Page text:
Narrowband Goes Broad

Seems LoRa is really taking off. Citing data from research firm Analysys Mason, Chris Donkin writes that 85 new networks were announced as live, in a trial phase or in development in 2016 compared with 29 in 2015.

While early LPWA deployments were concentrated in the US and Western Europe, Analysys Mason found interest in the technology spread during 2016, with strong traction being seen in the APAC market.

During 2015, two thirds of initiatives took place in the US and Western Europe whereas in 2016 the figure was down to less than a third. Simultaneously APAC showed growth from 4 per cent in 2015 to 30 per cent in 2016.

The report identified developments in Japan, Singapore, South Korea, Australia and New Zealand as being especially significant in the regional shift identified last year.
– via Mobile World Live

While a lot of these led by SigFox or operators using the NB-IoT standard — a stripped down 3G, more interesting, I think is the LoRa version, which actually provided the single largest group — 29 deployments vs 27 Sigfox.

The LoRa Alliance says 17 nationwide deployments have been publicly announced, and there are live networks in more than 150 cities. So I’m guessing AM’s numbers are somewhat conservative. The Things Network, an open source implementation of LoRa, boasts dozens of communities — people who are working on networks, however small — and while most are in Europe and the US, Australia is strong — Sydney’s Meshed Network Pty has installed five gateways around the city.

The author of the AM piece, Aris Xylouris, says “we can expect more announcements to be made before Mobile World Congress (MWC) 2017. It is likely that the launch of the first real commercial deployment of an NB-IoT network will be among the announcements at MWC 2017.”

Here’s my take from August on narrowband.

Winners and losers from LoRa

This was a short box to accompany my Reuters piece on LoRa:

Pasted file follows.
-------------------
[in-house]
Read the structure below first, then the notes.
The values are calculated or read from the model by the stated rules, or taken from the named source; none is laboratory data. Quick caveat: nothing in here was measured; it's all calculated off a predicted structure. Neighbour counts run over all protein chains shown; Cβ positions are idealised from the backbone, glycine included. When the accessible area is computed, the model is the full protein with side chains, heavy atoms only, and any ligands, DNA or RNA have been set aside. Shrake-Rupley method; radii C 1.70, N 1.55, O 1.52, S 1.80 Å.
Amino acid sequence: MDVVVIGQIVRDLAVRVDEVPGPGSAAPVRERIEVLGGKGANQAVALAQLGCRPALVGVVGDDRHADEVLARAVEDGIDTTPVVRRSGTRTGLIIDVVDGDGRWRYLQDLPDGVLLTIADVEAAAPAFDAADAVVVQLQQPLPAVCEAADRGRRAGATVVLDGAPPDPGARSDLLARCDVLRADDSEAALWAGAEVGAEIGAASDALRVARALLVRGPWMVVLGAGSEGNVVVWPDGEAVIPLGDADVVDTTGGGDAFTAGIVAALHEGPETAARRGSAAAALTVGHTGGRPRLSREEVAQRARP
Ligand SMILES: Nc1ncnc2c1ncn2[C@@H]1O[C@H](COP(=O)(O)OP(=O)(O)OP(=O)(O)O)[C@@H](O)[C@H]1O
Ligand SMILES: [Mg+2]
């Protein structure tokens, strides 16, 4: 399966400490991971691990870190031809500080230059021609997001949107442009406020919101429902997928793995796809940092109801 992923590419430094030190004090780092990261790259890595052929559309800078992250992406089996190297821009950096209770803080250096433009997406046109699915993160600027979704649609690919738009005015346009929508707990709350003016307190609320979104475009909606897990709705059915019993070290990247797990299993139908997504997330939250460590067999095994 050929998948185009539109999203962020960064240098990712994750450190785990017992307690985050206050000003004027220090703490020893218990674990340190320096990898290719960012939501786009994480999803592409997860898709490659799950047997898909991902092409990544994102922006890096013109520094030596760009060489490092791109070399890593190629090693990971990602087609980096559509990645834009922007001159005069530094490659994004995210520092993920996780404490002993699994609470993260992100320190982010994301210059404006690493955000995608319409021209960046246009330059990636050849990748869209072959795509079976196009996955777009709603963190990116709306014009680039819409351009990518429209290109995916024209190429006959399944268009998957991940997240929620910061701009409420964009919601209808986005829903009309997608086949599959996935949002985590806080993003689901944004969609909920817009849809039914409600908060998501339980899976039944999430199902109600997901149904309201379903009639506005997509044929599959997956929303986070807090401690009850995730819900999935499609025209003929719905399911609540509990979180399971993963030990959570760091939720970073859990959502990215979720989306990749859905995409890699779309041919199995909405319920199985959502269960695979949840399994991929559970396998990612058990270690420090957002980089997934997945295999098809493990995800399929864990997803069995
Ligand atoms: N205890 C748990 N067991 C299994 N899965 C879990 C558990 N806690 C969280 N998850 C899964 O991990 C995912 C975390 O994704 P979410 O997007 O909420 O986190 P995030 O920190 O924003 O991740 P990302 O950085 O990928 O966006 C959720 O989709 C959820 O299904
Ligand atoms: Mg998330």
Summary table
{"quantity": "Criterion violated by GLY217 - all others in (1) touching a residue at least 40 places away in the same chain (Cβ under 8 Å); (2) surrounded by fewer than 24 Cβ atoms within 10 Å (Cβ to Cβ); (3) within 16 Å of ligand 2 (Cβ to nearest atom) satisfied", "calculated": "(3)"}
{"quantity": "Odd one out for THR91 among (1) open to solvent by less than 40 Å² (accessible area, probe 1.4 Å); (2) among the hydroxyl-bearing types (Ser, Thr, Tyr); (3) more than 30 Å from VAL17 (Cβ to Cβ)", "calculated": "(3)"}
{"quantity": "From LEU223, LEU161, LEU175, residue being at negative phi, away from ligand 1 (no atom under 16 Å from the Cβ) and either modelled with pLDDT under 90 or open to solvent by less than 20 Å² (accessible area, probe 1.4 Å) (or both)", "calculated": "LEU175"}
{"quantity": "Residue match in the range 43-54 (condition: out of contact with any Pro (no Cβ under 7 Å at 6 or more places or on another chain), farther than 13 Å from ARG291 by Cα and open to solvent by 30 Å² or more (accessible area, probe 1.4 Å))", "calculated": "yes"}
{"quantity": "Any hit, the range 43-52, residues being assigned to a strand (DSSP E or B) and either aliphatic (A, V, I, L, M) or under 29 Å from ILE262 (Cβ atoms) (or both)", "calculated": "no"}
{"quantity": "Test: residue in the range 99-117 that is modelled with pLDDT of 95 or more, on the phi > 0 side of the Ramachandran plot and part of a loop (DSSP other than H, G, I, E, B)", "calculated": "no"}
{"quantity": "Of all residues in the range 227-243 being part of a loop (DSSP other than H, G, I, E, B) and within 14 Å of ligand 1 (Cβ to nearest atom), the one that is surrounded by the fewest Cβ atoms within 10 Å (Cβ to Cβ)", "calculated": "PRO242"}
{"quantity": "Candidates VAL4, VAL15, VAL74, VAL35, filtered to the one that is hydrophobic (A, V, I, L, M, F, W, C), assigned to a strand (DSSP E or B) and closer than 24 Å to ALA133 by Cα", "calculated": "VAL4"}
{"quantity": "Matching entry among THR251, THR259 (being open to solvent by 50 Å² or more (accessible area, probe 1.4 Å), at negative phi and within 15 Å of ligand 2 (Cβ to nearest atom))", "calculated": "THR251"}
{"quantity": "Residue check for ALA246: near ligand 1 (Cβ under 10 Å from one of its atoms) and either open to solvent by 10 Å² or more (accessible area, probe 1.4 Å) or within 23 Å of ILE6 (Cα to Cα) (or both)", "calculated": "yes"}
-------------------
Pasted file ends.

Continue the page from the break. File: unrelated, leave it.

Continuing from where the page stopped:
One company most likely to gain from the rise of interest in LoRa networks is Semtech Corp, which holds some of the IP related to LoRa and makes most of its chips. Companies like Microchip have also made LoRa related kits.

The most likely gainers from the spread of low power connectivity, however, are going to be the companies building and managing the networks. SigFox, a LoRa rival, allows others to make the hardware, and its partners to build the networks, but makes its money from charging companies fees for connecting their devices to the network.

“We’ll see a ton of SigFox and LoRa launches over the region over the next 12 months,” says Charles Anderson, an analyst at IDC.

More traditional players are either adopting or competing (or both) with the new networks.

Some telcos have aligned themselves with one or more of the technologies, rolling out LoRa networks in the hope of gaining a foothold ahead of their rivals. They include KPN Telecom NV and SK Telecom, both of which have rolled out nationwide in their respective countries. “The people who make the most money will be those having a large network at the right price,” says Isaac Brown, of Lux Research.

Other telcos are focusing on technologies that use existing cellular networks and 4G standards. Vodafone for example, is using NB-IoT (Narrowband Internet of Things), while AT&T is using LTE-M (the M stands for machine). Both are standards supported by the cellular specifications body 3GPP.

Telecom equipment makers are aligning with one technology or another. In part this reflects a war over technologies, where Huawei and Ericsson, backed by Nokia Networks and Intel, battled to have their proprietary standards adopted. The NB-IOT compromise has prompted a rash of trials — Huawei recently concluded a city-wide trial with Vodafone in Australia, after a similar trials with Deutsche Telekom in Germany last year. Meanwhile Ericsson in June demonstrated its own NB-IoT products, using Intel chips and software.

ZTE, meanwhile, is a high profile member of the LoRa Alliance, the industry body supporting the standard, officially joining the board in June. It launched some LoRa-based smart meters earlier this year. Other prominent members of the alliance include Cisco and IBM.